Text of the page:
Higher education ‘vital’ to meet UN development goals

Higher education institutions have a key role to play in helping Africa to meet new United Nations Sustainable Development Goals, leading academics told a European conference recently.

Representatives from the African Network for Internationalisation of Education, or ANIE, also called on the international community to develop “responsible partnerships” with African higher education institutions.

They were speaking at the 27th Annual European Association of International Education, or EAIE, Conference held in Glasgow, Scotland, from 15-18 September.

The ANIE session titled “All Eyes on Africa” came as the UN is preparing to formally adopt 17 Sustainable Development Goals, or SDGs, later this month. The goals are associated with 169 targets.

Speakers suggested that this number may be not realistic; the Millennium Development Goals launched in 2000 had only eight goals with 18 targets, not all of which were achieved.

This was in part, they argued, due to challenges highlighted by a report from a Commission for Africa set up under former British prime minister Tony Blair, published 10 years ago, which outlined several concerns regarding Africa’s higher education.

Negatives and positives

Weak higher education systems and scientific research communities and poor collaboration between institutions was compounded by continued loss of skills through ‘brain drain’ of the best staff and students – and these were still problems today, said the speakers.

James Jowi, founding executive director and secretary of ANIE, called on policy-makers to help fund the creation of favourable working conditions to persuade the best academics to stay in African institutions. Better resources and technology, pay and academic freedom were needed, he argued.

However, positive work was also being done.

“There are very interesting developments going on that could be key to meeting the SDGs,” Jowi added. “Different institutions around Africa are trying to come together to harmonise their systems and to find ways of collaborating.

“Higher education is playing a major and important role in helping build partnerships between different countries.”

He also called for “responsible internationalisation”, warning that if Africa was to meet its goals, its institutions needed to start setting the agenda.

“Each time that they [African institutions] get into a partnership with an international organisation, funding has to come from the other side,” he said.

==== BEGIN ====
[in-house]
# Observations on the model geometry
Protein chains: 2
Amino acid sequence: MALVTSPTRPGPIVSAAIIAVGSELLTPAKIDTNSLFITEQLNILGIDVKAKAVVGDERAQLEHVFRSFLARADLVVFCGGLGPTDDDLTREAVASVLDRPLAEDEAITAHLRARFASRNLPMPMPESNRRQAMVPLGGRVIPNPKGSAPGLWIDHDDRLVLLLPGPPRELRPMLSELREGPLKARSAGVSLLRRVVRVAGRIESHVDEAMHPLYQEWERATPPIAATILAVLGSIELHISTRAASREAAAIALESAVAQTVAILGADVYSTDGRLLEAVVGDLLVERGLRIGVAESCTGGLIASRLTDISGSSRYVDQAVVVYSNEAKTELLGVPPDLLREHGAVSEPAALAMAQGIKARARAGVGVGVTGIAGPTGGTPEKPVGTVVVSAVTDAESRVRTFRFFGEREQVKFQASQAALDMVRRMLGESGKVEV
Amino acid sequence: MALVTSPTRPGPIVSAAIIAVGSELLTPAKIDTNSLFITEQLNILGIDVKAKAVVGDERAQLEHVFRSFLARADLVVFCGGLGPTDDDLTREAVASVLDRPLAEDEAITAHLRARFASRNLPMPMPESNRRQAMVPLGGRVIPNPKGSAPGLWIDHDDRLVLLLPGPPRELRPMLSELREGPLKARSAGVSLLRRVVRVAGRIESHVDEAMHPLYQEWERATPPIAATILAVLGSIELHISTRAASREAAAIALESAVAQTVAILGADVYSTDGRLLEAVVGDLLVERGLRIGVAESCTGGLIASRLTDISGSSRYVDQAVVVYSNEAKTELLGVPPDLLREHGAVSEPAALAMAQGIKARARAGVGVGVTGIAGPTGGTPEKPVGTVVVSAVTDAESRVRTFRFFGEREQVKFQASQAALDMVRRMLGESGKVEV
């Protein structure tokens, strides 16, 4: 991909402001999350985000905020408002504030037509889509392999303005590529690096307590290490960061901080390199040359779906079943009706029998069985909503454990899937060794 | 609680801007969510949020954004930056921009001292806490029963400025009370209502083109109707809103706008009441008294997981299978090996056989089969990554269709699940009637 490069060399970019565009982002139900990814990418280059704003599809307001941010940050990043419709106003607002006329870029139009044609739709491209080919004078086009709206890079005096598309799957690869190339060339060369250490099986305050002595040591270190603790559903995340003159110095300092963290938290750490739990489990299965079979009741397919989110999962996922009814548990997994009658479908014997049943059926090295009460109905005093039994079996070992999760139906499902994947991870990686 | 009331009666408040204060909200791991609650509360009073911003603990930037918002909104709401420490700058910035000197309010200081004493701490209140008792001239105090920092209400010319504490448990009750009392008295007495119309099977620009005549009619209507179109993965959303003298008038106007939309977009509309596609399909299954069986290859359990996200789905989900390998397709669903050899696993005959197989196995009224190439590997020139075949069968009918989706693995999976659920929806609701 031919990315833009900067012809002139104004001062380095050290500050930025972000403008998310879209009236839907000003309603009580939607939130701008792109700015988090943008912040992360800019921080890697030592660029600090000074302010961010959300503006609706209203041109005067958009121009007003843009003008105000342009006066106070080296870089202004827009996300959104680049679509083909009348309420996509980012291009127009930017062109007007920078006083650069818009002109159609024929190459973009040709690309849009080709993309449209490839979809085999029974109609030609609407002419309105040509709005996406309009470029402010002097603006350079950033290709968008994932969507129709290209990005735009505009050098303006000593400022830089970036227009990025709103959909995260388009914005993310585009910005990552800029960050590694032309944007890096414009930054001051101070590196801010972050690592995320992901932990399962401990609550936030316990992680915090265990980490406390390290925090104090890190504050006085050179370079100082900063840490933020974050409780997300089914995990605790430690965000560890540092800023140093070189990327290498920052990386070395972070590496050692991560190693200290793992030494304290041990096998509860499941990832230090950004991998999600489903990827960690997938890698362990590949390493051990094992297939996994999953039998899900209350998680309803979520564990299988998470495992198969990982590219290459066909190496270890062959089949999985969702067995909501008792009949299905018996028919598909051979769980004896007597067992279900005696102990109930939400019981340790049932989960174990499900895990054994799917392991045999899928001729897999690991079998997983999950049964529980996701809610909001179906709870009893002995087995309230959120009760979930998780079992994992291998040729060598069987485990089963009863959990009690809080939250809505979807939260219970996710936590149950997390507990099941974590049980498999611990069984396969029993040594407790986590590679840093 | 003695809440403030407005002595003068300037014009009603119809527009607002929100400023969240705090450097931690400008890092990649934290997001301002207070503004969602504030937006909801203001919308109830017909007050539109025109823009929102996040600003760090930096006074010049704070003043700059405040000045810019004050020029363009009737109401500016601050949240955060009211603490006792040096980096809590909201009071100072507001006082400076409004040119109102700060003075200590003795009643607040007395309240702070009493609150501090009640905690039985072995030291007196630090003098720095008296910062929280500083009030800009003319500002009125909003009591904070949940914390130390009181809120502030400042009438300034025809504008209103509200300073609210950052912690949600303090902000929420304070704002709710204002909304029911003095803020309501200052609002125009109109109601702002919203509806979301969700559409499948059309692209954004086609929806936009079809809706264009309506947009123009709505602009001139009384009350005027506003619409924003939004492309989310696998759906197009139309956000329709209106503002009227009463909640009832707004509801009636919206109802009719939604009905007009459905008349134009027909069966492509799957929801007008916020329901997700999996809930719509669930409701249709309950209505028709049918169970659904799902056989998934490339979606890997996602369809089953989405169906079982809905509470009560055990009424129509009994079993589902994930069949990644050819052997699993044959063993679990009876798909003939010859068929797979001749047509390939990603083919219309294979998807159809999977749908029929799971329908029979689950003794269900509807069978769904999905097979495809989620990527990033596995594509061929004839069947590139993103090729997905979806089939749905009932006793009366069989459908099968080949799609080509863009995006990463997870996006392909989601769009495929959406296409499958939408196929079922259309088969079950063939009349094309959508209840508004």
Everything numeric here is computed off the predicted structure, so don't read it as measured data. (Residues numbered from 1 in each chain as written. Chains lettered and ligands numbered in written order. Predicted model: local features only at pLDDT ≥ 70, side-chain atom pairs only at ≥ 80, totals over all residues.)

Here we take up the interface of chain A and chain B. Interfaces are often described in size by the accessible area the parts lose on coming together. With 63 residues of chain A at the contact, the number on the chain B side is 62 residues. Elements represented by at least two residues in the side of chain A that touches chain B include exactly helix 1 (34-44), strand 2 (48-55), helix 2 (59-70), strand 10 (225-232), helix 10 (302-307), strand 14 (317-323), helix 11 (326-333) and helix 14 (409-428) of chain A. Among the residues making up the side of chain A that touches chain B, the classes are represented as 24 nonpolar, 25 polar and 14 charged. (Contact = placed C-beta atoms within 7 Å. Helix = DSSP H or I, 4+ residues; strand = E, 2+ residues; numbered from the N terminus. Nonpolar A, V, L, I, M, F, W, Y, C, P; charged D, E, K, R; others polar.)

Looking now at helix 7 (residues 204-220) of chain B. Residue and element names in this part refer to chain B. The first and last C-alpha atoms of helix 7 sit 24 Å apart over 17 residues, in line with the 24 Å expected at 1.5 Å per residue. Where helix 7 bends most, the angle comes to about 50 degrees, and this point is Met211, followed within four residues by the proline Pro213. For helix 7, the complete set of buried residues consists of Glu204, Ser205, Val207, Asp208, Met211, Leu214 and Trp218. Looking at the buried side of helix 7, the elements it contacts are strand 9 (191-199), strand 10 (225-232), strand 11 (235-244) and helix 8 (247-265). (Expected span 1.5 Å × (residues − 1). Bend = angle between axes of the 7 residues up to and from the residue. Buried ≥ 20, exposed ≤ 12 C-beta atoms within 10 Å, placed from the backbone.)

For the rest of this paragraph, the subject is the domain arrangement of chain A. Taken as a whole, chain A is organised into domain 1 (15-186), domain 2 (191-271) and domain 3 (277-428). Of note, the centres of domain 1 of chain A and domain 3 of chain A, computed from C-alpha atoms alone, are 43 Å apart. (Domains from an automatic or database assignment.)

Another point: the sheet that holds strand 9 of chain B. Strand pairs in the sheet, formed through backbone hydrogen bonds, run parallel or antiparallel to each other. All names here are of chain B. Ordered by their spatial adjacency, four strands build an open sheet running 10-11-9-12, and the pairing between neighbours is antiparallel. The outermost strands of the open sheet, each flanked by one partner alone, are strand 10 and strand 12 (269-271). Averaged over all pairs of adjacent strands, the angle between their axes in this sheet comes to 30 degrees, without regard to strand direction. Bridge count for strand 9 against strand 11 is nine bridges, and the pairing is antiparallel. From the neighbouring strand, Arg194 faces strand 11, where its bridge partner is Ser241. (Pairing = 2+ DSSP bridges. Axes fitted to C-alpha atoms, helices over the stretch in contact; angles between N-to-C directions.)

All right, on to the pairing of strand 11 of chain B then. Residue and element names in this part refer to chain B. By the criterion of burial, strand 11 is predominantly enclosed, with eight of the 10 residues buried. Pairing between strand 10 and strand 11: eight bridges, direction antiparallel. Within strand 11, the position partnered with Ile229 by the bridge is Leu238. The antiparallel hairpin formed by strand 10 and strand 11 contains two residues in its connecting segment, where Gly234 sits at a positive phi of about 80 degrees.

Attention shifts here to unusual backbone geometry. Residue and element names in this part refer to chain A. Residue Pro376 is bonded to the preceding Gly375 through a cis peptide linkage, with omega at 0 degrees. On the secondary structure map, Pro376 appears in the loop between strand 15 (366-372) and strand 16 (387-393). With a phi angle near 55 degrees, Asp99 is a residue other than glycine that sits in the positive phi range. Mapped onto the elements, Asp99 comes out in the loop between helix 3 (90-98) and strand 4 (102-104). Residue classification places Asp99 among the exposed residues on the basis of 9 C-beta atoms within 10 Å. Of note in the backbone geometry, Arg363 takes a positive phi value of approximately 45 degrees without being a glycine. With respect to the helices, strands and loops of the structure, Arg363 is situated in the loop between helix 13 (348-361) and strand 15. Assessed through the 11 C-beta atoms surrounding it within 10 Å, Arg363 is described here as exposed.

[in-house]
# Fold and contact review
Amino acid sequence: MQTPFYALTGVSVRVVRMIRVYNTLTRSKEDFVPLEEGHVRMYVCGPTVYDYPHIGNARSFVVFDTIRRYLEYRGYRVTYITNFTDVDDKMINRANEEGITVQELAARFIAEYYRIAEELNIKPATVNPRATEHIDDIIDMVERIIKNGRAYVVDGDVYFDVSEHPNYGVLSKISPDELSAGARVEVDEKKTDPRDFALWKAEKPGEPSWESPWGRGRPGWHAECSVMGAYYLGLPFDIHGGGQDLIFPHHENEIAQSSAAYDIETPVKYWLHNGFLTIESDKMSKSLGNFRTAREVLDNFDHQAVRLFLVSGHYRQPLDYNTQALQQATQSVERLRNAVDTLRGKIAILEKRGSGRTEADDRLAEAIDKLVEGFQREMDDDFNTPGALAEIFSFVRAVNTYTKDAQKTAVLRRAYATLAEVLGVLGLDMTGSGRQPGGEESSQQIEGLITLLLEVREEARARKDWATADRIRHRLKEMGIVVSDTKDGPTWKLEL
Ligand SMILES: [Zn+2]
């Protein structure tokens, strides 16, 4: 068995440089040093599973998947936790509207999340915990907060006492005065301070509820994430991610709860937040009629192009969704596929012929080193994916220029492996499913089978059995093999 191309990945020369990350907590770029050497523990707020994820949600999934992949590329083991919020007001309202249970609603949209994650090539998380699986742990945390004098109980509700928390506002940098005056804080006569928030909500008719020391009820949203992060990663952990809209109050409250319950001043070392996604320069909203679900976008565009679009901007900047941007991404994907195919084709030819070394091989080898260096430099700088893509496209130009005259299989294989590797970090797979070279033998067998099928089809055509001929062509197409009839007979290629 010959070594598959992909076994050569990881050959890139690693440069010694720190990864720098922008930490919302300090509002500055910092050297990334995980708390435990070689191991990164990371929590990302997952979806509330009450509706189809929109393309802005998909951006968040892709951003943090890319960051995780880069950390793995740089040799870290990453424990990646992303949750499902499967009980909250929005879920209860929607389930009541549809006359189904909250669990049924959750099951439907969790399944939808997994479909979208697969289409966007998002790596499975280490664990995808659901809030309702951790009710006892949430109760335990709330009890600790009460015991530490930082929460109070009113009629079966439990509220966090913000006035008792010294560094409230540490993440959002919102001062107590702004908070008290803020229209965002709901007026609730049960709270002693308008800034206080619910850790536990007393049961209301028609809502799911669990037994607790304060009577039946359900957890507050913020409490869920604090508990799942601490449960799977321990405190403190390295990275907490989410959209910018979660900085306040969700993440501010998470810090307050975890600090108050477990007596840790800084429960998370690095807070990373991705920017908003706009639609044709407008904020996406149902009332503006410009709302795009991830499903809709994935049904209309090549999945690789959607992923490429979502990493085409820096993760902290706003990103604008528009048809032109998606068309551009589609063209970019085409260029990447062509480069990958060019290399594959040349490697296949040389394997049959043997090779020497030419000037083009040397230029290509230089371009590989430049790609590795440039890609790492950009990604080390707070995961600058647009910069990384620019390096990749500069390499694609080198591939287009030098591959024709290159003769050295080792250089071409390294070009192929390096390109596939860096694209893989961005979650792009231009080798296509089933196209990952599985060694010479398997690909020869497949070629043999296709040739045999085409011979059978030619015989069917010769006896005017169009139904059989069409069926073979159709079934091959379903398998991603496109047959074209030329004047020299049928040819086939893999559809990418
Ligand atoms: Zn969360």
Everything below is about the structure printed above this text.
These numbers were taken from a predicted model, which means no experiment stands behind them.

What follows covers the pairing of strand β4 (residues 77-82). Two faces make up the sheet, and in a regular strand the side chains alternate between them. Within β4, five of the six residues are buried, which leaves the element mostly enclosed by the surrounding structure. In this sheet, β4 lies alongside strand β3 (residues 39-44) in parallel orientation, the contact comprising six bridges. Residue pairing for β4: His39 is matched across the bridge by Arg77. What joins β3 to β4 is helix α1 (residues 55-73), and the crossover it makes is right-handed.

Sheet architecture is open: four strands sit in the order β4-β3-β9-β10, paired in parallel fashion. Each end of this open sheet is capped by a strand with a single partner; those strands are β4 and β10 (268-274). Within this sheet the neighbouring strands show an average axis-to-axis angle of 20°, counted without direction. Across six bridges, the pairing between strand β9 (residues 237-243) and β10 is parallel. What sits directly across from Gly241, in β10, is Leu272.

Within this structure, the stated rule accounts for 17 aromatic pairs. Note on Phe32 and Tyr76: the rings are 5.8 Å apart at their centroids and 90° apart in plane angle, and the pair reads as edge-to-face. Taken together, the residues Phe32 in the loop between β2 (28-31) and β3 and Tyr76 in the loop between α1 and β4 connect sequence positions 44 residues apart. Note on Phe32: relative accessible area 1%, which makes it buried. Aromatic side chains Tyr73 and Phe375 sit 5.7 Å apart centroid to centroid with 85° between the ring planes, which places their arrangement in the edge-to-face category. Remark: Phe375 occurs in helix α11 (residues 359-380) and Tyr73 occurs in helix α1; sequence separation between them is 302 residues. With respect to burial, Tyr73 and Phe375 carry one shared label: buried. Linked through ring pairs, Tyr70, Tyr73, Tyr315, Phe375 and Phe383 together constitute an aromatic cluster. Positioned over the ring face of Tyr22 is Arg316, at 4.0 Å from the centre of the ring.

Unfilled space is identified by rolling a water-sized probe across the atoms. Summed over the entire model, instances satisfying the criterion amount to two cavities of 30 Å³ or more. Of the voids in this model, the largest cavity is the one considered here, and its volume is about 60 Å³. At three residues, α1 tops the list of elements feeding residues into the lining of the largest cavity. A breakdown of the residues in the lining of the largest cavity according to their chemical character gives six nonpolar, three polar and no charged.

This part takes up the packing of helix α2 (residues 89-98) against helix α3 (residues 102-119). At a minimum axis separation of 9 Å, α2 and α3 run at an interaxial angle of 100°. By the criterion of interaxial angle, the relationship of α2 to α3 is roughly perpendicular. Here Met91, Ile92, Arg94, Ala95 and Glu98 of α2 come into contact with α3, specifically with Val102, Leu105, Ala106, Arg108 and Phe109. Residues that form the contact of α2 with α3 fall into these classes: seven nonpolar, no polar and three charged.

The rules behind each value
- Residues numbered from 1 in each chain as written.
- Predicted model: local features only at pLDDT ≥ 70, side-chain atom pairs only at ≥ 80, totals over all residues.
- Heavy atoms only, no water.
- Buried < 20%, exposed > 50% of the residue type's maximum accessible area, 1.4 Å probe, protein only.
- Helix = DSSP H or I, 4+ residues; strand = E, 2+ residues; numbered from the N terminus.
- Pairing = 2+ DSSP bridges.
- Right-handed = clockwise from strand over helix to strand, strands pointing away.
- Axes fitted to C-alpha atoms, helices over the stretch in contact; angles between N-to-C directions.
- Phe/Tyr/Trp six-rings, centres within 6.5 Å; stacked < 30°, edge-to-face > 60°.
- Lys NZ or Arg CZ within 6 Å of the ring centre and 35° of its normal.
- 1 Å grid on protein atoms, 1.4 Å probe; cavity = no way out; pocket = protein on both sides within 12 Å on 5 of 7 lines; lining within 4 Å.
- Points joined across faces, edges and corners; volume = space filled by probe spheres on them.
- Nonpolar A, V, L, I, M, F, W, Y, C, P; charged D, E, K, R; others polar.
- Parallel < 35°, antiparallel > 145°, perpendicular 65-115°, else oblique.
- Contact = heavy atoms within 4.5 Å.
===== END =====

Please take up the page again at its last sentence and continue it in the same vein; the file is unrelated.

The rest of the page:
“And of course whoever has the money determines what will be done. The reality is that at the moment through internationalisation we mainly pursue the agendas of others.”

African universities need to set their own agendas, he said, and base partnerships on that criteria as well as mutual trust and respect.

Driven by demographics

Professor Chika Trevor Sehoole, chair of the ANIE board, said success would also be driven by demographics.

“Part of the reason why we are saying all eyes will be on Africa is the number of young people,” he said. Some 40% of the continent’s populace is between 15 and 24 years old, which makes it the most youthful in the world – and that the youthful population is growing.

“When we look at that alongside growing urbanisation and the growing number of higher education institutions, there are real opportunities for collaboration that will help drive us forward.”

Situation in Libya ‘dark’

Meanwhile in a separate session, indicating some of the challenges faced in Africa, the situation in Libya was described as “very dark” by Ghada Aldasooqi, senior advisor of the Norwegian Agency for Quality Assurance in Education, or NOKUT, which runs a project in collaboration with Libyan educational authorities.

Outlining findings from 2014 ‘mapping visits’ conducted by the National Centre for Quality Assurance and Accreditation for Education and Training Institutes – or QAA Libya – she said the country’s higher education sector was struggling to recover not from the dictatorship of Muammar Gaddafi, who ruled from 1969 until 2011, but from current and extreme instability.

“Universities are open and operating but little more,” Aldasooqi added. “Students attend lectures and work their way through courses to exams but nothing is done about the development of the university.

“There is not a culture of quality assurance. They don’t see that as anything of a priority. Although some may have documents they tend to be left on the shelf,” she said.

In many cases lecturers are not being paid, and are worried by threatened or actual violence on campuses. There is a lack of accountability, with some academics and other staff promoted without explanation, regardless of their qualifications.

However Aldasooqi did find some positives among the “bleak situation”: children of immigrants from Eritrea and Somalia had been allowed equal access to courses, and 60% of students were women.